In June 833, the conflict between Louis the Pious and his three eldest sons that had been building for the past year came to a head. Armies converged upon the Rotfelt near Colmar, in Alsace, a place that would become known as “the Field of Lies,” because Louis’s supporters went over in droves to the camp of his eldest son Lothar and his brothers. Those on the side of the rebel sons, however, interpreted this massive desertion as a divine judgment which justified the public penance that had been imposed on Louis in the autumn of 833. God had obviously withdrawn his favor from this mighty emperor.1 One of those who continued to advocate this view, long after the event, was Paschasius Radbertus, a monk of Corbie and a highly accomplished biblical scholar, who was the abbot of this monastery between 843/44 and 849/53.2 In retirement, having relinquished his abbacy, he embarked on the second book of his Epitaphium Arsenii. Radbert had already completed the first book of this funeral eulogy in the years immediately after his abbot Wala’s death in 836. A cousin of Charlemagne, Wala had been a powerful secular magnate until 814, when, denied the favor of the new emperor, he left the political arena, was tonsured, and entered Corbie, where he none the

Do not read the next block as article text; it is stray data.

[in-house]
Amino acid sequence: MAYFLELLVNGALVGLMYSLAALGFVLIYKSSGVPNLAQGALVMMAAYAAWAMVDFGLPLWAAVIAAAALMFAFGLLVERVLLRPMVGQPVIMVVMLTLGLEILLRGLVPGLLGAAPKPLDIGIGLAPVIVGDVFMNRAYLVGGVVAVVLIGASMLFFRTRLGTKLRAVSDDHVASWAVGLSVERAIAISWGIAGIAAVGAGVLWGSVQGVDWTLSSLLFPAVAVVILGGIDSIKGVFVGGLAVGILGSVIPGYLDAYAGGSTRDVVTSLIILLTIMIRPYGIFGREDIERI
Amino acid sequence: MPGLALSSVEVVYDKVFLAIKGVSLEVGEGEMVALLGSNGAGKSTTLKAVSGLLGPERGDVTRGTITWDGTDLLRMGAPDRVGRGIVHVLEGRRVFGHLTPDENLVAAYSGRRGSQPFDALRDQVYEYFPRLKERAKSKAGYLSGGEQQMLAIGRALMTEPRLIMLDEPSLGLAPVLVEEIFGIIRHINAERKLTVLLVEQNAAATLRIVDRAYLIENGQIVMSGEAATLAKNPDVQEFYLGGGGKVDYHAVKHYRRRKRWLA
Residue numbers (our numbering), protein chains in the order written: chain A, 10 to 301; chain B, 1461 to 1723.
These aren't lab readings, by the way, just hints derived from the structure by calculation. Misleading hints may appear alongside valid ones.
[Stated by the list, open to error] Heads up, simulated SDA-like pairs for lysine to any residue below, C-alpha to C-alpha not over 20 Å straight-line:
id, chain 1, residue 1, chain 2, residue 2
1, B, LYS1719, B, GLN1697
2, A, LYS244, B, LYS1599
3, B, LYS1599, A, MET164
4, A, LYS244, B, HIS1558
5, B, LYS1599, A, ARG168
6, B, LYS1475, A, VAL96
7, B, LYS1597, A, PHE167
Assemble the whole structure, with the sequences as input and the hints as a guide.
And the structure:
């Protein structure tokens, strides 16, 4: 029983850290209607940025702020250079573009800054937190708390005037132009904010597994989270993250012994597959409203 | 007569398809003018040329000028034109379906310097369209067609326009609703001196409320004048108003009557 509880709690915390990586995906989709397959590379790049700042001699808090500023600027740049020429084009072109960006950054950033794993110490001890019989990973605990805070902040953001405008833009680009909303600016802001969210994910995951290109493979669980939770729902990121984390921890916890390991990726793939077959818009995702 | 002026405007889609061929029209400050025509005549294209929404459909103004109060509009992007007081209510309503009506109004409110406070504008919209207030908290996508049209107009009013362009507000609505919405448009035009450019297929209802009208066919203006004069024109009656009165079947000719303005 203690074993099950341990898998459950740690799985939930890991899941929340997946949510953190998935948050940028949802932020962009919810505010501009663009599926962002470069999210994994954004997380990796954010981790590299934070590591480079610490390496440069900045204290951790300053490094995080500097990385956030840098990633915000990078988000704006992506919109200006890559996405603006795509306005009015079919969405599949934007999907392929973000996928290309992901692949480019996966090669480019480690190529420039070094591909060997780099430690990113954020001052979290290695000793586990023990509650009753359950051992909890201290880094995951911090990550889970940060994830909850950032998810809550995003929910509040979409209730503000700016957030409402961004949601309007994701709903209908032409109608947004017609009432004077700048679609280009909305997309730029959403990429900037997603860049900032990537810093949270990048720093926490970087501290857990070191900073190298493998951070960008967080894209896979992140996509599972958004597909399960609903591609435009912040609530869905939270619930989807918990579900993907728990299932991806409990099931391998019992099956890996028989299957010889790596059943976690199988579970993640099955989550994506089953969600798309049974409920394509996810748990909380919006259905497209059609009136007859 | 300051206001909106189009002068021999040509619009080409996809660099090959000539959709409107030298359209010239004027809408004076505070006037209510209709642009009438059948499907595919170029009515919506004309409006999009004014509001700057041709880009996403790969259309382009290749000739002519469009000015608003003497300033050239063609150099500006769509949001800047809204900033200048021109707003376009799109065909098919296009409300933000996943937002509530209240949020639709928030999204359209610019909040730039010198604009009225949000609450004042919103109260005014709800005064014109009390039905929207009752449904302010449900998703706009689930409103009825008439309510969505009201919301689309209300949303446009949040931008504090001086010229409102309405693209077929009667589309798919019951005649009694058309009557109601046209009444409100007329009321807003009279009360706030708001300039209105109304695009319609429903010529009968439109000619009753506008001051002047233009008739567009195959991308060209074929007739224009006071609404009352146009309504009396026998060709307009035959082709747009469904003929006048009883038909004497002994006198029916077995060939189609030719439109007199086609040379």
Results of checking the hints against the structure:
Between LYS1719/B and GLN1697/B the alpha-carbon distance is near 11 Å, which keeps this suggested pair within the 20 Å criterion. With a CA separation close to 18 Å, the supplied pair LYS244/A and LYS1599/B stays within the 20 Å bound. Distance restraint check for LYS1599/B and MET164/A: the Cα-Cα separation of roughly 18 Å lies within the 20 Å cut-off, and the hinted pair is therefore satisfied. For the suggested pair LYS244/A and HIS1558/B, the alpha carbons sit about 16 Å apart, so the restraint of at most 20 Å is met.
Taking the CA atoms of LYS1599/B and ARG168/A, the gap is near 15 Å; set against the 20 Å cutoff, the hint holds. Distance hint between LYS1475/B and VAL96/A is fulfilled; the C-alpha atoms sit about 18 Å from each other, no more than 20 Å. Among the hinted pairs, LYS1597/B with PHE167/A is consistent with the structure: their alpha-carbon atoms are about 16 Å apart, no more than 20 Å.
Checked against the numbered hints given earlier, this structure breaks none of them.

1 Mayke de Jong, e Penitential State. Authority and Atonement in the Age of Louis the Pious (814-840) (Cambridge: Cambridge University Press, 2009), pp. 224-49; Courtney M. Booker, Past Convictions: e Penance of Louis de Pious and the Decline of the Carolingians (Philadelphia, PA: University of Pennsylvania Press, 2009), pp. 140-82.